The Barn is There
The following essay by Farmer John is reprinted from the Farm News: Week 6, August 10, 1996
Rudolf Steiner, in his Agriculture Course lectures, which are the foundation for Biodynamics, spoke about the individualization of the farm. He saw the farm as a unique organism, with its own emanations based on its history, its terrain, soil type, the plants and animals on that land, the farmer’s personality, and the influences of the other helpers on that farm. He perceived that the earth was gradually weakening in its vitality, and he suggested that a way to restore some of that vitality, to give back to the earth, was to develop the farm along certain holistic principles. As you may remember from Sheri Wildfeuer’s synopsis of Biodynamics, which we included in the newsletter a couple weeks back, Steiner recommended using specific potentized herbal preparations to invigorate and harmonize the soil and plants. He also advocated a reintegration of agricultural enterprises which are now very specialized, such as livestock, perennial, vegetable operations. These different life forms, in proximity to one another, attract and emanate different cosmic energies, Steiner claimed, and these energies are enhanced when in a state of synergy with one another. His suggestions about farming in a way that truly contributes to the earth included the establishment of woodlands, bee hives, orchards, and pastures for livestock. Bees, birds, flowers, trees, soil micro-organisms, earthworms, cows, pigs-all these living things offer vitality, balance, life force, to one another. When these different influences mingle, the individuality of the farm comes forth. This concept of empowerment or enlivening of the earth, through the incorporation of Biodynamic principles and resulting evolution of the farm organism, has motivated some people to dedicate their lives to the Biodynamic movement.
I am very compelled by this ‘individualizing’ of the farm organism. Since childhood, I have been fascinated with farms. Driving through the country was a most stimulating experience. I loved looking at the farms: how the fields were laid out; how the buildings were situated, their color, sizes, forms and states of repair; the landscaping of the farmsteads; the livestock and the pens and corrals; the condition of the crops. Each farm was a fascinating story-these physical outgrowths were where the farmer interfaced with the land. The barn is that big, I would think. It is not bigger. It could have been bigger. It could have been smaller. It is that big. The farmer made it like that. He put it there, right there. He could have put it a little to the left, or to the right, but he put it there. Then I would see another farm, and I would contemplate that farm. I would notice the relationships of the farms to one another, how they sat separate like islands, like outposts, how they each were surrounded with their own silence and their own robustness, and how this emanation of each farm’s individuality somehow made them seem more connected to other farms, not more isolated. I would gaze out over these separated farmsteads, and see their noble separateness and their sublime unity, and how these qualities supported one another. This, I believe, is the source of that ‘neighborliness’ that farmers are legendary for. Their farms were self-contained, the farmers were self-contained, and that autonomy let the farmers be more friendly, more giving-they could draw from an internal source.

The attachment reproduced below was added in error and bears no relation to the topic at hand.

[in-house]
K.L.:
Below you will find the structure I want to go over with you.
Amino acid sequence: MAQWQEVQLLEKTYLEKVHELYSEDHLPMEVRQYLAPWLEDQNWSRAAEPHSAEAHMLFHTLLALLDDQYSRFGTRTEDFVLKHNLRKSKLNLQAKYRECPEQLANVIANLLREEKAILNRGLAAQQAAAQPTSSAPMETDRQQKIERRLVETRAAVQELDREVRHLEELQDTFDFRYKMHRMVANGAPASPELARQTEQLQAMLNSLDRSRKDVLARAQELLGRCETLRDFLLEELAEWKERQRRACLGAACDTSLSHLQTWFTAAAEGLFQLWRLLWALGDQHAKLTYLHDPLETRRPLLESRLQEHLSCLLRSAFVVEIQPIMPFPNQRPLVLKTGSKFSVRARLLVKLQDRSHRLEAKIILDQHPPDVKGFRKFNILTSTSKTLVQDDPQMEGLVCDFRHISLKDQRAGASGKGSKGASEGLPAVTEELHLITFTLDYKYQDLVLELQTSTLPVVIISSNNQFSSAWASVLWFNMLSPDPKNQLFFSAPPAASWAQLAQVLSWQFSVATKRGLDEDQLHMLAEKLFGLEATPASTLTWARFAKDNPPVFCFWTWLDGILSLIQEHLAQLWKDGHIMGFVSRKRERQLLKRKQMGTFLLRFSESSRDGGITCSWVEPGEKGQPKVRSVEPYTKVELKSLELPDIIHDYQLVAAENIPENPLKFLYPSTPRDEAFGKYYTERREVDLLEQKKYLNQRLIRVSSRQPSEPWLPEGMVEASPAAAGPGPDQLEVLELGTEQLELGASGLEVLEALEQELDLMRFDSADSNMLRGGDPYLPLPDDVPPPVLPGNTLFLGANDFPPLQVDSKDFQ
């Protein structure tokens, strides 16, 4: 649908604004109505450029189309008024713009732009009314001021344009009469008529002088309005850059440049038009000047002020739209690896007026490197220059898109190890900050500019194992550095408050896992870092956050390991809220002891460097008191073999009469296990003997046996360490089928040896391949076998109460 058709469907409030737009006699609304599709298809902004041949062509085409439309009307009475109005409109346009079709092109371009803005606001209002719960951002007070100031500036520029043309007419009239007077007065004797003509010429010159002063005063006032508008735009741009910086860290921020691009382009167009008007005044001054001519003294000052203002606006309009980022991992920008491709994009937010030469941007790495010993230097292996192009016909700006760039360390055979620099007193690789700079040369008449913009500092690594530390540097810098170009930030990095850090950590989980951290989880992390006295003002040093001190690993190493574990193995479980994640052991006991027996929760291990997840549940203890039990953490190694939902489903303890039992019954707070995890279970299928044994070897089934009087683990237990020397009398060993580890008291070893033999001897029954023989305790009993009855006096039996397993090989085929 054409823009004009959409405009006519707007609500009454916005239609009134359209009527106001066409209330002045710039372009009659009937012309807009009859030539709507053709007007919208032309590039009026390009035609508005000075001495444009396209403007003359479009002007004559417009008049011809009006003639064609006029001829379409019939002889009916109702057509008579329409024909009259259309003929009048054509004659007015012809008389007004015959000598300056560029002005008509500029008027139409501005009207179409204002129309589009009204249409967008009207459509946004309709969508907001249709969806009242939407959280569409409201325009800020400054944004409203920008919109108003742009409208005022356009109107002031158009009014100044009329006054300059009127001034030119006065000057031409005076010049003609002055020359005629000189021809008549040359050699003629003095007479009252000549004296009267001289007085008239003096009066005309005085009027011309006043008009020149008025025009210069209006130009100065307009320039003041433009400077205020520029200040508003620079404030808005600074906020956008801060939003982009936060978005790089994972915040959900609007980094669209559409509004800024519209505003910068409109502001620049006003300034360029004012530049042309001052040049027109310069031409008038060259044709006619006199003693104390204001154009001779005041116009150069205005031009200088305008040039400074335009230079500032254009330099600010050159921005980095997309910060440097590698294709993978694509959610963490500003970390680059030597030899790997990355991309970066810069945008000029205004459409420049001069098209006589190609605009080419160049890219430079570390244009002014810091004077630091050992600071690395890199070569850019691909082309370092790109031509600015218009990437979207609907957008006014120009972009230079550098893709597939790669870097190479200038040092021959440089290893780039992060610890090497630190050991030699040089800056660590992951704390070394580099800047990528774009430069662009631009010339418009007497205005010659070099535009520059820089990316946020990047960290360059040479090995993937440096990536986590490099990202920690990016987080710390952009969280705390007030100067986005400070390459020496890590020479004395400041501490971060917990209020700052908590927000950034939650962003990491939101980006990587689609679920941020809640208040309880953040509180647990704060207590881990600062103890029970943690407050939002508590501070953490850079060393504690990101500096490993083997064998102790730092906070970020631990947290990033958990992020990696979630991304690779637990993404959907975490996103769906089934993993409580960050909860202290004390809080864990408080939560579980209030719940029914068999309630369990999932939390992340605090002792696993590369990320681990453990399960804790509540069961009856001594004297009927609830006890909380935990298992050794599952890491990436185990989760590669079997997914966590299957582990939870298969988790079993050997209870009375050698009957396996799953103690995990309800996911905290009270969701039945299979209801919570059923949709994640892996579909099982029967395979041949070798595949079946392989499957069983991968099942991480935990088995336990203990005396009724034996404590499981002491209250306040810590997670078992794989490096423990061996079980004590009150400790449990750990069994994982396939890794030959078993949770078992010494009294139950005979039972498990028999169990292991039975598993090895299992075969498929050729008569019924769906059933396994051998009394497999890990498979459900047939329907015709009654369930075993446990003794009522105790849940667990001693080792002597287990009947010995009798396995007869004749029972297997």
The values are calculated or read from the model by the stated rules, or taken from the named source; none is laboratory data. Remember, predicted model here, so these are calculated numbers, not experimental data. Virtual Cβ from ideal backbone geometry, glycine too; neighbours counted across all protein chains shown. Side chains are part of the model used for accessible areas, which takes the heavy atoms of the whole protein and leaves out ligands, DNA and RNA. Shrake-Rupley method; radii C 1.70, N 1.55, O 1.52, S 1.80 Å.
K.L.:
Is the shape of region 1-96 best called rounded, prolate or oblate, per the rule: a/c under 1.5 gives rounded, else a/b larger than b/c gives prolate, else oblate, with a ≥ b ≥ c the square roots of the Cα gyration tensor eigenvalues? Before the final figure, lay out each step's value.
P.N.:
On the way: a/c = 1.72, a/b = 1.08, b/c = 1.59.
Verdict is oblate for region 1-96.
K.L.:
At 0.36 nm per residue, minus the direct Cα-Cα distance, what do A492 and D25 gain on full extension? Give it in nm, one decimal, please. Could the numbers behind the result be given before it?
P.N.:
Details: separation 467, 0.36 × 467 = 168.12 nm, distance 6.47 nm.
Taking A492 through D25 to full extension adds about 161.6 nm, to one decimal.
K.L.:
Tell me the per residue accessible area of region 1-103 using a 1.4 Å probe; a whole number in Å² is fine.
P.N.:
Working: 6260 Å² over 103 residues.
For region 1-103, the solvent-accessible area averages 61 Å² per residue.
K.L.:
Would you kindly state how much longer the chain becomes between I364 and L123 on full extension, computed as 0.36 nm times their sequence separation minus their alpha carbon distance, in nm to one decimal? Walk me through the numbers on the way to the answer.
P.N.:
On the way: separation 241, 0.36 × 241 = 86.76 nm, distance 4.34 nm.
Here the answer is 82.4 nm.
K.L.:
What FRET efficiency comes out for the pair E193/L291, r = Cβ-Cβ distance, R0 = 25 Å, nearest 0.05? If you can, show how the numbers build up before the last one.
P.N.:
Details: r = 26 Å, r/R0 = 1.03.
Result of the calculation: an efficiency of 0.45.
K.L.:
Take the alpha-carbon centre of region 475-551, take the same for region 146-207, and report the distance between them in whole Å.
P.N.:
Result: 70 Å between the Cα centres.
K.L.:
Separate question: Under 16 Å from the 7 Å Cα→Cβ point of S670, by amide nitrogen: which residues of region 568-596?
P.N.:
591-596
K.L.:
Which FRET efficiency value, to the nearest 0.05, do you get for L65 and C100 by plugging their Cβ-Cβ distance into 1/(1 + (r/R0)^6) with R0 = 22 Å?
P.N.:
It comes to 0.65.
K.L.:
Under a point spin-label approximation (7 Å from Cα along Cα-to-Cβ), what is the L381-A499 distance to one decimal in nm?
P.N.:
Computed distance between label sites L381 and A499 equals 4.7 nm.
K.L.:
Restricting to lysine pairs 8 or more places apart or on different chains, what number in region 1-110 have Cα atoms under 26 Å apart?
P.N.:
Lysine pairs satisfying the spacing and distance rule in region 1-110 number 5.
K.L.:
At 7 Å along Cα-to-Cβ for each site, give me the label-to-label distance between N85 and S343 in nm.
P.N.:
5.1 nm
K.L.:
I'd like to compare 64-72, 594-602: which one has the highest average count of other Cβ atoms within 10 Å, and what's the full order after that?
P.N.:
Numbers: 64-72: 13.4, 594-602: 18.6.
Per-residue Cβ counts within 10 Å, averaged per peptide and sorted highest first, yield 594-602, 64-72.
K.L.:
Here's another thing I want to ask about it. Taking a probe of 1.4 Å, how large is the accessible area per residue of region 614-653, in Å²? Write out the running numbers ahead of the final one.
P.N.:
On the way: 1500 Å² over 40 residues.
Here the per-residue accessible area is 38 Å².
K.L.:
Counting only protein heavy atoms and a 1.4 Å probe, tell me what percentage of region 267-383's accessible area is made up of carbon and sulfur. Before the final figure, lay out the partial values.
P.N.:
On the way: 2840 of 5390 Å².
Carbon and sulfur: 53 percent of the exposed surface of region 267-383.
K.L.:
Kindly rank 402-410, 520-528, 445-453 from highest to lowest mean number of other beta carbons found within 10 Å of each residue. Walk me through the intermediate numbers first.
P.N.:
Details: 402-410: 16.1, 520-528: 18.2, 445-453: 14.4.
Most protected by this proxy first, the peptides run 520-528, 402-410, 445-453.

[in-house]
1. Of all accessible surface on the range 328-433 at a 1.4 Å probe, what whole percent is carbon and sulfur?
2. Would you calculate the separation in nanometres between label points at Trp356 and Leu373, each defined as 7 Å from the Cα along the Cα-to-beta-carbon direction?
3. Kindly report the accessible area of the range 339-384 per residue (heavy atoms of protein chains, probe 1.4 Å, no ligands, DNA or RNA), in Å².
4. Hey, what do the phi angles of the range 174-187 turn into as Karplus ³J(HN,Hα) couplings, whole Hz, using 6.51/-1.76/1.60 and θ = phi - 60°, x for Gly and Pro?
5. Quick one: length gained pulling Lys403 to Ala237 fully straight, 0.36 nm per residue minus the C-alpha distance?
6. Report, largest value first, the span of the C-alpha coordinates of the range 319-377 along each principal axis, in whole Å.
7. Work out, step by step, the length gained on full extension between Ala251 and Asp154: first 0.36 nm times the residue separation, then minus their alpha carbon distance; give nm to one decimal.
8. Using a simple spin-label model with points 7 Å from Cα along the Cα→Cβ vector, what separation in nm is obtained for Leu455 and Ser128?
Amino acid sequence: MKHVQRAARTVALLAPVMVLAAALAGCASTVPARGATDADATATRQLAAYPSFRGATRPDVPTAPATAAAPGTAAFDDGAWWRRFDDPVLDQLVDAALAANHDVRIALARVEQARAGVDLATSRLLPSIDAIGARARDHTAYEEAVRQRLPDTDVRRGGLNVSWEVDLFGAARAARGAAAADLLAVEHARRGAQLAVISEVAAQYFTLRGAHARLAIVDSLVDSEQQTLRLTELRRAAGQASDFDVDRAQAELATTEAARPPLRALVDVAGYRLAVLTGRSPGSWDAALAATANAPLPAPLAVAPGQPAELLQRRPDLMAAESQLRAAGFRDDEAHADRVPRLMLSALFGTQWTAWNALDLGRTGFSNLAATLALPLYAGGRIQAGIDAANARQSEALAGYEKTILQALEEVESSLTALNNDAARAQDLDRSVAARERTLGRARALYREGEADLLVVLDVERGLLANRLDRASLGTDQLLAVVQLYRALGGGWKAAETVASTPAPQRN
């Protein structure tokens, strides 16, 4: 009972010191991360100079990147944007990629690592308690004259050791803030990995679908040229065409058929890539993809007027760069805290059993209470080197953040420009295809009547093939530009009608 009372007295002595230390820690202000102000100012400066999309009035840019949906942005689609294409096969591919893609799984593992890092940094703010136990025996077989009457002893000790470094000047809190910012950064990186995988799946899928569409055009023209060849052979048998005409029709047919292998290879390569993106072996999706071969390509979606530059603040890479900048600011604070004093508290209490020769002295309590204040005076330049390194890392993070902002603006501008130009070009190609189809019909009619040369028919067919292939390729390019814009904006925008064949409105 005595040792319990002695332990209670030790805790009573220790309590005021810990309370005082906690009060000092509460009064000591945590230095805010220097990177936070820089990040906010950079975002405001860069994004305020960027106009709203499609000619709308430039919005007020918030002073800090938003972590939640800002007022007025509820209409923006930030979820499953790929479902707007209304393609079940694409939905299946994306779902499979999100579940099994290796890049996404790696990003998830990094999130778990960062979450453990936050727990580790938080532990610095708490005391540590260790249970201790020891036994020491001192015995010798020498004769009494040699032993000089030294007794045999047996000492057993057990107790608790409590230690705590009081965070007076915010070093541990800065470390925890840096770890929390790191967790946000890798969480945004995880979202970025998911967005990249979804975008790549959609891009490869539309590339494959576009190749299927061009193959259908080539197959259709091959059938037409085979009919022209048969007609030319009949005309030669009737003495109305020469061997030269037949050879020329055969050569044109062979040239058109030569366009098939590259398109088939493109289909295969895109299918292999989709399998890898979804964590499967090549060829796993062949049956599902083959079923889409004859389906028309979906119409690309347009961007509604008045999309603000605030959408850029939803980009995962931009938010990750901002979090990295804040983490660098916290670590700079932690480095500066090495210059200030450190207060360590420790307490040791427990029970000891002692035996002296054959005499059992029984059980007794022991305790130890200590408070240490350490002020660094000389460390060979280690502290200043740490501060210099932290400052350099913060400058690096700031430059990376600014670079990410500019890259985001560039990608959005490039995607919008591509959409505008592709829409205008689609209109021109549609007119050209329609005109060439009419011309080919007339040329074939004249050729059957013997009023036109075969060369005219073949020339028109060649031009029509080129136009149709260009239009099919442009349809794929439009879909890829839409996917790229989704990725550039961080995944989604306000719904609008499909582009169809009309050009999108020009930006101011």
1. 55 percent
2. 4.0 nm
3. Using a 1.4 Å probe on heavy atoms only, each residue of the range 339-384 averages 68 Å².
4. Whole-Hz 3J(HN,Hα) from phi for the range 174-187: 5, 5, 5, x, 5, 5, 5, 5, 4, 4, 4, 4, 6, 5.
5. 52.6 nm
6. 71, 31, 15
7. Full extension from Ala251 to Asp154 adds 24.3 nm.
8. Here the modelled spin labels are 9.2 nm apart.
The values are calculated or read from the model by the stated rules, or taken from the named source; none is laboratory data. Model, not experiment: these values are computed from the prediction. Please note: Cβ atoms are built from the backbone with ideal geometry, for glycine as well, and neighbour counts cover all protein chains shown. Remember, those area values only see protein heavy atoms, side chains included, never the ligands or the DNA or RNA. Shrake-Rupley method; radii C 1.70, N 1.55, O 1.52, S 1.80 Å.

An exciting adjunct to this rural viewing was to stop at the local restaurants and to hear the farmers talk. Their mannerisms and bodies carried as much individuality as their farmsteads. I would sit there, watching and listening, and I would feel the elements of nature swirling about me; the winds and droughts and rains carried right into their speech and walk and faces.
These personalities of the farms, expressed through the farmers, have their roots in a time when agriculture was more in balance, when farms were more diversified and before chemicals were widespread. These expressions exist more as remnants today. Today’s agricultural forces are flattening the personalities of the farms and the farmers. There are certainly echoes of these expressions, especially in the more remote rural areas, but the trend is towards homogenization. In my community, whereas once the farmers dominated certain cafes, perhaps filling the whole counter at certain hours, now they have shrunk to a tiny minority, just two or three, hunched over coffee and talking a dying language.
These remains of a once viable farm culture contain, I believe, some of those elements of individualization that Steiner advocated for farms. His recommendations for creating the farm organism obviously go beyond what has been practiced in American agriculture, even when it was flourishing, but American farms were once more autonomous, more self-contained, more diversified, and more self-expressed, even if they did not achieve the Biodynamic ideal.
Interestingly, I noticed for the first time in this country in many years, farmer individualities in a large group situation-the Upper Midwest CSA Conference. I thought here are farmers being worked through by their farms again. Here are farmers who are being taken hold of by their farms, in their speech and in their bodies. This was a most poetic experience for me, to feel these forces at work again. For a long time, I have been getting this satisfaction from being in Mexico, where many people are still intimate with the earth. And here it was, a stirring (stirring!) of this individualizing impulse, in my own region.